Etiquette Part III- Follow Up

There is nothing more powerful than good follow up.  It is where most people tend to drop the ball.  You do your best to earn a customer, you do the work, and then they never hear from you again.

Following up after a sale gives you two ways to earn business.

1) It shows that you have a genuine concern for the work you do, and for the customer’s ultimate satisfaction.

2) It gives the customer a chance to offer feedback. 

Number 2 is far more important than number 1.  Customer feedback gives you a real chance to get a snapshot of the impression you are leaving.  It helps you to improve business processes.  However the most important thing it does, is uncover dormant problems.

When I was in the hotel industry, they taught us that the person who complains is your God send.  They tell you what is wrong, and give you a chance to fix it.  It is the unhappy customer who says nothing and leaves that is your real nightmare.  They leave unfulfilled, giving you no real chance to make them feel otherwise, and then tell everyone they know what a bad time they had.

If we had any suspician that something was not well, we were encouraged to probe.  One time in particular, I was working breakfast and a couple came in to eat at 5:30am.  I first thought they must be from the east coast and still on that time.  However upon asking I found they were from Tempe, where the hotel was located, and were just getting a night away.  There was an instant red flag: A couple on a night away doesn’t get up at 5:30am.   Upon asking again why they decided to come in early they shared that there was construction in their hall.  They were told that the crews didn’t start til 8am when they booked their stay, but this morning, they had started at 5am.  They couldn’t get any rest so they got up for breakfast.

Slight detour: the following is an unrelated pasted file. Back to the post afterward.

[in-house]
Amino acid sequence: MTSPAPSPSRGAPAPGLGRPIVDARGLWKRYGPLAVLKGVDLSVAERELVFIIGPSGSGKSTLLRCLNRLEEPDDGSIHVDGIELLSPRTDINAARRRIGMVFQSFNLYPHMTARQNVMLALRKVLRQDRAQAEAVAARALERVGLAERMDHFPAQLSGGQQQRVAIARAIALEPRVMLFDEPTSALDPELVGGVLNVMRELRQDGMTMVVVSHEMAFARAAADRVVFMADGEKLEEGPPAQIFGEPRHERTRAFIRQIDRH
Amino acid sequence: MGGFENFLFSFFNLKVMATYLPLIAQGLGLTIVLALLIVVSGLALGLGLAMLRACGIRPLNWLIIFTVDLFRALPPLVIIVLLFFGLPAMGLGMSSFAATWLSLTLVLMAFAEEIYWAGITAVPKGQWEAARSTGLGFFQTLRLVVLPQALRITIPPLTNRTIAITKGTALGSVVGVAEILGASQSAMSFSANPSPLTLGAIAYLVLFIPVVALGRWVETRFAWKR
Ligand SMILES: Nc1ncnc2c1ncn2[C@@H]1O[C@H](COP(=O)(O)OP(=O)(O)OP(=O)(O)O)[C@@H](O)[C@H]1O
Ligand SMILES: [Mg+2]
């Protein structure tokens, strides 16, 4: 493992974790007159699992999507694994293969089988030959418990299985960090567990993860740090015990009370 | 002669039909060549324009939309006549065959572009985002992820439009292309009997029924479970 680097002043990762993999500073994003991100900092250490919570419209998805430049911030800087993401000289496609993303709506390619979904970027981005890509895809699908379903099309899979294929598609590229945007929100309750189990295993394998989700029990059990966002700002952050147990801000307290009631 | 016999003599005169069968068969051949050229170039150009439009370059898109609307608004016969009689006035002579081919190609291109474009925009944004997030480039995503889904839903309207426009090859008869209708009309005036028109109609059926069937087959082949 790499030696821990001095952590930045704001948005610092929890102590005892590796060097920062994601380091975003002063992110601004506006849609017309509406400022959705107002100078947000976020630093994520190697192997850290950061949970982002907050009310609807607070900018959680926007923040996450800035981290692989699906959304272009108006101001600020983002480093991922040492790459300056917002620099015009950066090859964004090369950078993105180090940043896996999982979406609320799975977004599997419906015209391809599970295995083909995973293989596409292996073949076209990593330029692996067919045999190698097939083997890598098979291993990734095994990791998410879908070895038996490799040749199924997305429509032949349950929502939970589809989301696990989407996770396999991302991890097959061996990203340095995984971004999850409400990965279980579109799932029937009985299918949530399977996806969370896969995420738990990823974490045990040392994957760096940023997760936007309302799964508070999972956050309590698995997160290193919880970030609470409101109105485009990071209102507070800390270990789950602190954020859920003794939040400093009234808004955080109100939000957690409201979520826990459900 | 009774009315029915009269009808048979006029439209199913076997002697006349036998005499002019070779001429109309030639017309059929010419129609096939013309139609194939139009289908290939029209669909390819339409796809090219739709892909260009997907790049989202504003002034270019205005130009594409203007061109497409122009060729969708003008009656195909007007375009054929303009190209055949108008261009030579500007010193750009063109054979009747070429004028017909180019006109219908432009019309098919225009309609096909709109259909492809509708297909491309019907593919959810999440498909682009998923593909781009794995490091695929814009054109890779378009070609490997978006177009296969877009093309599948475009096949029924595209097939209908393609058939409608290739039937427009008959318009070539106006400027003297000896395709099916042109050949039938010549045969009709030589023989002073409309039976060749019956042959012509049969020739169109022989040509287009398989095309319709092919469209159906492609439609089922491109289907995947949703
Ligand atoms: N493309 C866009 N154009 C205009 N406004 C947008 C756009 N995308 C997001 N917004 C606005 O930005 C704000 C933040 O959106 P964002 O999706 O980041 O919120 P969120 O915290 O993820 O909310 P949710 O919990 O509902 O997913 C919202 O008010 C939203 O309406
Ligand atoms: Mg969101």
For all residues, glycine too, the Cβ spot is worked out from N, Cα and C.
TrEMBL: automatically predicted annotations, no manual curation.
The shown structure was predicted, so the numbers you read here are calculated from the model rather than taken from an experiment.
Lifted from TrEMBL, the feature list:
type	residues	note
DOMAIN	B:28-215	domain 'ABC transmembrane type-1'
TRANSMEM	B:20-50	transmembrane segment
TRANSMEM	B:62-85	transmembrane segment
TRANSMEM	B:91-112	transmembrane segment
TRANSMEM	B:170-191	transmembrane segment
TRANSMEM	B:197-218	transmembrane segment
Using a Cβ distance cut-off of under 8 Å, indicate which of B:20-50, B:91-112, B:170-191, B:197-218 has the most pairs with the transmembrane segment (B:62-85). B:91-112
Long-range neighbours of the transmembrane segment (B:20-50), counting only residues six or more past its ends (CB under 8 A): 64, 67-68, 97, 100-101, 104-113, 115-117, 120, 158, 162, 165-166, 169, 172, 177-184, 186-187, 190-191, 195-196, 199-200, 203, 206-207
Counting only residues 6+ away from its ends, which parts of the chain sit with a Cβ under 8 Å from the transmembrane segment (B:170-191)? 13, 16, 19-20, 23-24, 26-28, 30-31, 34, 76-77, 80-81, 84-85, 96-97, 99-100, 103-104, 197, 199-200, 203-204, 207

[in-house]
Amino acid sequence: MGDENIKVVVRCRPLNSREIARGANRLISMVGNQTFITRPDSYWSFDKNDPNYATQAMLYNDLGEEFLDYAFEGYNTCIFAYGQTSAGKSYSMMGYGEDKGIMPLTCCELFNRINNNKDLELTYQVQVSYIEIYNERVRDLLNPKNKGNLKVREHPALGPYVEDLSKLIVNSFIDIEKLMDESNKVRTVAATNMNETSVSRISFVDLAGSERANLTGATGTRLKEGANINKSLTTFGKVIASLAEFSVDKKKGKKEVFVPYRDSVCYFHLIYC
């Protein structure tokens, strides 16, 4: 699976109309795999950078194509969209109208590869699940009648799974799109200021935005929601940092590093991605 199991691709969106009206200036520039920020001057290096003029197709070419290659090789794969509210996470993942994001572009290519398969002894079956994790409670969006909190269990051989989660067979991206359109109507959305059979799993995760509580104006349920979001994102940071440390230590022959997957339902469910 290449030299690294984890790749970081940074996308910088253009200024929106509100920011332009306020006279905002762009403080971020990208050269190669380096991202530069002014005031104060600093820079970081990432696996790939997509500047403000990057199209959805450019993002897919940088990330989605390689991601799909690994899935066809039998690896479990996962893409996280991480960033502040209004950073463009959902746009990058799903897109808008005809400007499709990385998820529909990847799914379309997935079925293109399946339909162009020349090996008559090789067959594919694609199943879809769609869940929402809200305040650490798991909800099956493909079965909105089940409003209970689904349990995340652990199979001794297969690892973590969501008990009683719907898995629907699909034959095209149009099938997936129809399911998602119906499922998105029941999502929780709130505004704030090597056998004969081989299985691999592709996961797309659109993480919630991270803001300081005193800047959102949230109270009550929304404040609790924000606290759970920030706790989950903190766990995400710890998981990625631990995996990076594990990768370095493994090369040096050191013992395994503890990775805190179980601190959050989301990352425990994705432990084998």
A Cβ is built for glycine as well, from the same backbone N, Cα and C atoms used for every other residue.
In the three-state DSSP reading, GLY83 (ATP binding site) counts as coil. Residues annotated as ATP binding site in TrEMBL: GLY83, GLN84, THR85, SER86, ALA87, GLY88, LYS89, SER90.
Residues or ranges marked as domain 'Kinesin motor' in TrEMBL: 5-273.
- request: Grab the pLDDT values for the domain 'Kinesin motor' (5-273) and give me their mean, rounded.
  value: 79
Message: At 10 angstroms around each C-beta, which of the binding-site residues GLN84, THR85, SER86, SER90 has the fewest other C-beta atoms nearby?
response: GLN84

The Buttes was a neat place at the time, so I was actually able to comp their room and breakfast right there on the spot without any management approval, etc.  Their thought was to empower the employee to handle grievances, as making them repeat a bad event over and over to the management hierarchy only reinforced the bad experience.

The follow up questions caused them to share, and allowed us to do the right thing.  Now they may still have a story that they were awaken at 5am, but the end to that is that at breakfast a consciencious employee recognized their potential situation, proactively asked them to share, and then responded immediately to handle the situation as best it could be handled at that time.

I would argue that follow up is probably the most important when you know there may have been a problem.  Most people avoid calling customers who they know have had a bad experience and hope that the customer doesn’t call to complain and just disappears.  Many times they will, but know they are taking more than their business away from you when they do.


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